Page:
ALRC emphasized the benefits of fair use in adapting to evolving technology:

Fair use differs from most current exceptions to copyright in that it is a broad standard that incorporates principles, rather than a detailed prescriptive rule. Law that incorporates principles or standards is generally more flexible than prescriptive rules, and can adapt to new technologies and services. A fair use exception would not need to be amended to account for the fact that consumers now use tablets and store purchased copies of copyright material in personal digital lockers in the cloud.

As a flexible standard, capable of adapting to changing environments, particularly in the digital age, legislatures need not respond to each new circumstance with a new specific limitation or exception. Thus, the ALRC report noted that “Almost 30 existing exceptions could be repealed, if fair use were enacted. In time, others might also be repealed. Replacing so many exceptions with a single fairness exception will make the Copyright Act considerably more clear, coherent and principled.”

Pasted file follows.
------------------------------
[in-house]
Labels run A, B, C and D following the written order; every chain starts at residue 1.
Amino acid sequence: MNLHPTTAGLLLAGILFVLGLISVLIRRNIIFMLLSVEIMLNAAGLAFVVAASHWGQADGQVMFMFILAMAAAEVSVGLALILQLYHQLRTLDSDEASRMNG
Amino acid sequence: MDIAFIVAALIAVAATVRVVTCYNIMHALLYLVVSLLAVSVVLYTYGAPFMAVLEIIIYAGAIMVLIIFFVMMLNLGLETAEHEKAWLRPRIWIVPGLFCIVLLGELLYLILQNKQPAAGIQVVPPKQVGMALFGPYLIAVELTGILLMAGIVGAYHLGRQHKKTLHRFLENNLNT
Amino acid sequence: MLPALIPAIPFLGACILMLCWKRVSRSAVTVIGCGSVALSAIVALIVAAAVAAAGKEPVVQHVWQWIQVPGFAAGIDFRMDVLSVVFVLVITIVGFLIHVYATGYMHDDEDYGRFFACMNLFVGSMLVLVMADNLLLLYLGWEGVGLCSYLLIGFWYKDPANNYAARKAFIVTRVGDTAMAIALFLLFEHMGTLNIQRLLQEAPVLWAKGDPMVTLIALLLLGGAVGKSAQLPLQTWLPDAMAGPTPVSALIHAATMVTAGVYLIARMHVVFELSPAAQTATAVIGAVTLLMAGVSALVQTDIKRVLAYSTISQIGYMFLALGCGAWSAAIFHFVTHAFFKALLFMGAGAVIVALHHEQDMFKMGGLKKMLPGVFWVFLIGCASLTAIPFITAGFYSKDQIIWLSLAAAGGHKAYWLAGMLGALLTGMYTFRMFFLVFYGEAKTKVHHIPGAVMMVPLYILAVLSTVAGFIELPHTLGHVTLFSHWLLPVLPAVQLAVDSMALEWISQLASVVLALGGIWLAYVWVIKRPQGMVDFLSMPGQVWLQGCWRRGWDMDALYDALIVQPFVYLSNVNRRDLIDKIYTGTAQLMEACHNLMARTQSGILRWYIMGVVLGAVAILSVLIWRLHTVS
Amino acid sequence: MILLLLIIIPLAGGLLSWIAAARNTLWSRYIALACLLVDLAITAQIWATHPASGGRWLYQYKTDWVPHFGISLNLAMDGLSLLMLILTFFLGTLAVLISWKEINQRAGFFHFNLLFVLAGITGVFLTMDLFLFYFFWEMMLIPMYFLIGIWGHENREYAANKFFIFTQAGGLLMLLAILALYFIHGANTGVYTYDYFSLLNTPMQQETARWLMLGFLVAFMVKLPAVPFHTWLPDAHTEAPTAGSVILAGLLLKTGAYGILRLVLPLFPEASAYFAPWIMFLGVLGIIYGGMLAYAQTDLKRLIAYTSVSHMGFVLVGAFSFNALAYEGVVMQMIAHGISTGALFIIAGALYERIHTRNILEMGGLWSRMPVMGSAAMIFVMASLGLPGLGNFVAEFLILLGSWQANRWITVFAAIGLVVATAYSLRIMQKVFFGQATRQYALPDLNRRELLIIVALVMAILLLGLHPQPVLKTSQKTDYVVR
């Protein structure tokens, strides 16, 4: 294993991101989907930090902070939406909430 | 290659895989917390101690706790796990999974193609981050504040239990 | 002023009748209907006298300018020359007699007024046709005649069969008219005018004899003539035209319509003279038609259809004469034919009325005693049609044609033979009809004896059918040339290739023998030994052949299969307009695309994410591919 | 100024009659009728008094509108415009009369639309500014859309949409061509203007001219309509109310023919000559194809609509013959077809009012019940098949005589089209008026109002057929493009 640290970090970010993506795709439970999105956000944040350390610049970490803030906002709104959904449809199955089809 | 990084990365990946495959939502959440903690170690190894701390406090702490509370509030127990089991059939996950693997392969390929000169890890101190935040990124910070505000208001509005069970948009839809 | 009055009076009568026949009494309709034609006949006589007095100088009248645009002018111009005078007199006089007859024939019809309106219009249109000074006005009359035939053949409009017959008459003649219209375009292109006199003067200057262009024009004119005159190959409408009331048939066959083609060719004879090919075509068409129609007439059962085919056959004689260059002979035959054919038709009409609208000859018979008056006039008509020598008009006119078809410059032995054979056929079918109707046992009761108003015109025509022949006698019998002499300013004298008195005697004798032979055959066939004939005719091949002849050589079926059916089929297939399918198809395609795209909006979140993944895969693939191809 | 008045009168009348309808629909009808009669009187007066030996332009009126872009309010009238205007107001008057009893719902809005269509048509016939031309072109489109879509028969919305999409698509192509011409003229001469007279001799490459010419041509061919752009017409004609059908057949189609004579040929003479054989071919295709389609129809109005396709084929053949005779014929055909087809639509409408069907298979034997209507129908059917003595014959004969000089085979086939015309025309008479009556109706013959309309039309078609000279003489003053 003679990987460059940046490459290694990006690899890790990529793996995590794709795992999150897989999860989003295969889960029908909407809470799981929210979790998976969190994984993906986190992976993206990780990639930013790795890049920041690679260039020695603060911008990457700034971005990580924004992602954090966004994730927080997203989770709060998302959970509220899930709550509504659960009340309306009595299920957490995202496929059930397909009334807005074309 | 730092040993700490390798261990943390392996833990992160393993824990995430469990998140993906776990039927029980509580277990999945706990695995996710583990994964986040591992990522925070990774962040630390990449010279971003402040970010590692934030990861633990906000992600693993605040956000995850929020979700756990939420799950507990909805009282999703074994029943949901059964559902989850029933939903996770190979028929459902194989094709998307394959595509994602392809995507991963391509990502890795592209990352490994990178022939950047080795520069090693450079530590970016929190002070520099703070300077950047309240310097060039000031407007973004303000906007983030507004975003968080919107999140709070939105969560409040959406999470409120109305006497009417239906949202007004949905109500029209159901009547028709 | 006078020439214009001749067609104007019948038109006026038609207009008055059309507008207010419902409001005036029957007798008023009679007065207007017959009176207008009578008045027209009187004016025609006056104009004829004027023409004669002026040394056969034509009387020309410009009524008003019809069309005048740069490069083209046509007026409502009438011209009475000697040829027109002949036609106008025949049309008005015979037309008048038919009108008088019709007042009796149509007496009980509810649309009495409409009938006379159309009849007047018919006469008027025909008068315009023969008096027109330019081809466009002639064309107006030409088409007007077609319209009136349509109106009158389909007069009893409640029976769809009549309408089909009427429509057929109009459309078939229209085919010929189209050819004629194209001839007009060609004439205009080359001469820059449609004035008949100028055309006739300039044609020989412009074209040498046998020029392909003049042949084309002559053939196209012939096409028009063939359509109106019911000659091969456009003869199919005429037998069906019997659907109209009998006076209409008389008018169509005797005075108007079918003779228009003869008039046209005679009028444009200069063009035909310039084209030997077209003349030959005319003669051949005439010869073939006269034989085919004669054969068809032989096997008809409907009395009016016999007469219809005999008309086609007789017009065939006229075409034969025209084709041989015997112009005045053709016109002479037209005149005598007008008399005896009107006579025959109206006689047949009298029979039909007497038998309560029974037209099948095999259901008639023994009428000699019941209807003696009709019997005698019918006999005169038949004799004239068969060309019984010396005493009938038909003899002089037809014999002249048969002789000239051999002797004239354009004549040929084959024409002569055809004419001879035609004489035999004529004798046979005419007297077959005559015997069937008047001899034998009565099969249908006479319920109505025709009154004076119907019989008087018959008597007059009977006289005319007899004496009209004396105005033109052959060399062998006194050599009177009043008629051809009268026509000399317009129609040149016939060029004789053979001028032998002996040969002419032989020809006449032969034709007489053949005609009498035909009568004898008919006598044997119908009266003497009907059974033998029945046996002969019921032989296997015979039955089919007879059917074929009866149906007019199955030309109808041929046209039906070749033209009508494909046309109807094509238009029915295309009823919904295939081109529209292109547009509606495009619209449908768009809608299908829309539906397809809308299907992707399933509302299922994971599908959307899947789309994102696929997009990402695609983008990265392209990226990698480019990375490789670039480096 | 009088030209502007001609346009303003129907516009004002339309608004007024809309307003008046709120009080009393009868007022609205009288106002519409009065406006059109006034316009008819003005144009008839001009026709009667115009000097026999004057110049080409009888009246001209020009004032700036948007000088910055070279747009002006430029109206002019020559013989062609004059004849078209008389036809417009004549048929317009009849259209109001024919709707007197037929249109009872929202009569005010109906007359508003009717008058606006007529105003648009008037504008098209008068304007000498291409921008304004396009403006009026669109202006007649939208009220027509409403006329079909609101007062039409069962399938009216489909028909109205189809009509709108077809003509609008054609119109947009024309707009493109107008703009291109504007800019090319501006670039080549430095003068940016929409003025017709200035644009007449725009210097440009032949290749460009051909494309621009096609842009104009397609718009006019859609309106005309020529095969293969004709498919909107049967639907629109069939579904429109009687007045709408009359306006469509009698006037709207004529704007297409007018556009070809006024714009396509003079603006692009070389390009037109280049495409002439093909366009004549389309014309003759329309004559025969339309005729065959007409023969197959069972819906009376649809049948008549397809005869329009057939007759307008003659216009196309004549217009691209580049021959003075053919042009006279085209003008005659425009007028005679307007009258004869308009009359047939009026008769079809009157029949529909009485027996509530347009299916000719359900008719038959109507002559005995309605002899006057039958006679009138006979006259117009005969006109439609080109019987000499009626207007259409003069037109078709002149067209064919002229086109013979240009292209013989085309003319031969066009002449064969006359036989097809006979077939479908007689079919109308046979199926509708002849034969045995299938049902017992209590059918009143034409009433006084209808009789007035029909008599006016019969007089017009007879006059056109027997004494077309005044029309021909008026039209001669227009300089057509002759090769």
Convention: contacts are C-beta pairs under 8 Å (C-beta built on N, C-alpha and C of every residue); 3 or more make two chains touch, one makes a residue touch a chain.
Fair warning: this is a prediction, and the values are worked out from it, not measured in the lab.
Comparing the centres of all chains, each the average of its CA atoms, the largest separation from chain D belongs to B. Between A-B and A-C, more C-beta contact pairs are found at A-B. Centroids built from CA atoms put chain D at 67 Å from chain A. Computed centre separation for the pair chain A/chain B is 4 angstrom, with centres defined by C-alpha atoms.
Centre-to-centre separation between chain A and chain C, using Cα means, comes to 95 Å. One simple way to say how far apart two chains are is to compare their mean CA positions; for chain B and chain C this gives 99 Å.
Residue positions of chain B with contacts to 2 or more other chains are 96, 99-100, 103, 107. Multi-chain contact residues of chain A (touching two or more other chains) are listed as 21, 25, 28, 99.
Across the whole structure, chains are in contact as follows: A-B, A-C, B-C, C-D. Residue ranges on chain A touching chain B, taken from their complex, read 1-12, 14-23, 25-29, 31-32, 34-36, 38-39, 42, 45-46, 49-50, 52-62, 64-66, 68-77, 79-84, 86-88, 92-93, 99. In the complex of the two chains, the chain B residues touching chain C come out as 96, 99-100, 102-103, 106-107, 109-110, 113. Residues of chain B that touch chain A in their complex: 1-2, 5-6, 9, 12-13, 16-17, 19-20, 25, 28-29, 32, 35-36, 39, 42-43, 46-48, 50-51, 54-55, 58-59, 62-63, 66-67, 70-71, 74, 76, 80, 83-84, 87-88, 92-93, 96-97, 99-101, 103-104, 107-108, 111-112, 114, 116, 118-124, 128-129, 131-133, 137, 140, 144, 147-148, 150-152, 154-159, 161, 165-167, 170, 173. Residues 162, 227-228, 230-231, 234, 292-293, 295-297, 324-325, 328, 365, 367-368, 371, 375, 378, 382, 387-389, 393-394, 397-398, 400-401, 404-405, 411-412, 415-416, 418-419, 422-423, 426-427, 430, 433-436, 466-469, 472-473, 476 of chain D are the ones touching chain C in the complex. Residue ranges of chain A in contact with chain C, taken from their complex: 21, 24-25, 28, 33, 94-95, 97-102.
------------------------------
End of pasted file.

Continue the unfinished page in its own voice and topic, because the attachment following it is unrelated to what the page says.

In addition, the ALRC report made several references to the benefits of fair use in the educational context. It noted, for example, that the Google Books decision “demonstrates the potential of fair use to advance education and learning and to benefit authors and content owners.” Additionally, pointing to the flaws of the currently enacted fair dealing provision under Australian Law, the ALRC report noted that universities

were in a “worse position” than large commercial enterprises in terms of being able to use third party copyright material for socially beneficial purposes. Commercial news organisations can rely on the fair dealing exception for news reporting, but there is no equivalent specific exception for universities for fair use for educational purposes. Universities Australia submitted that, from a policy perspective, ‘”this makes little sense.”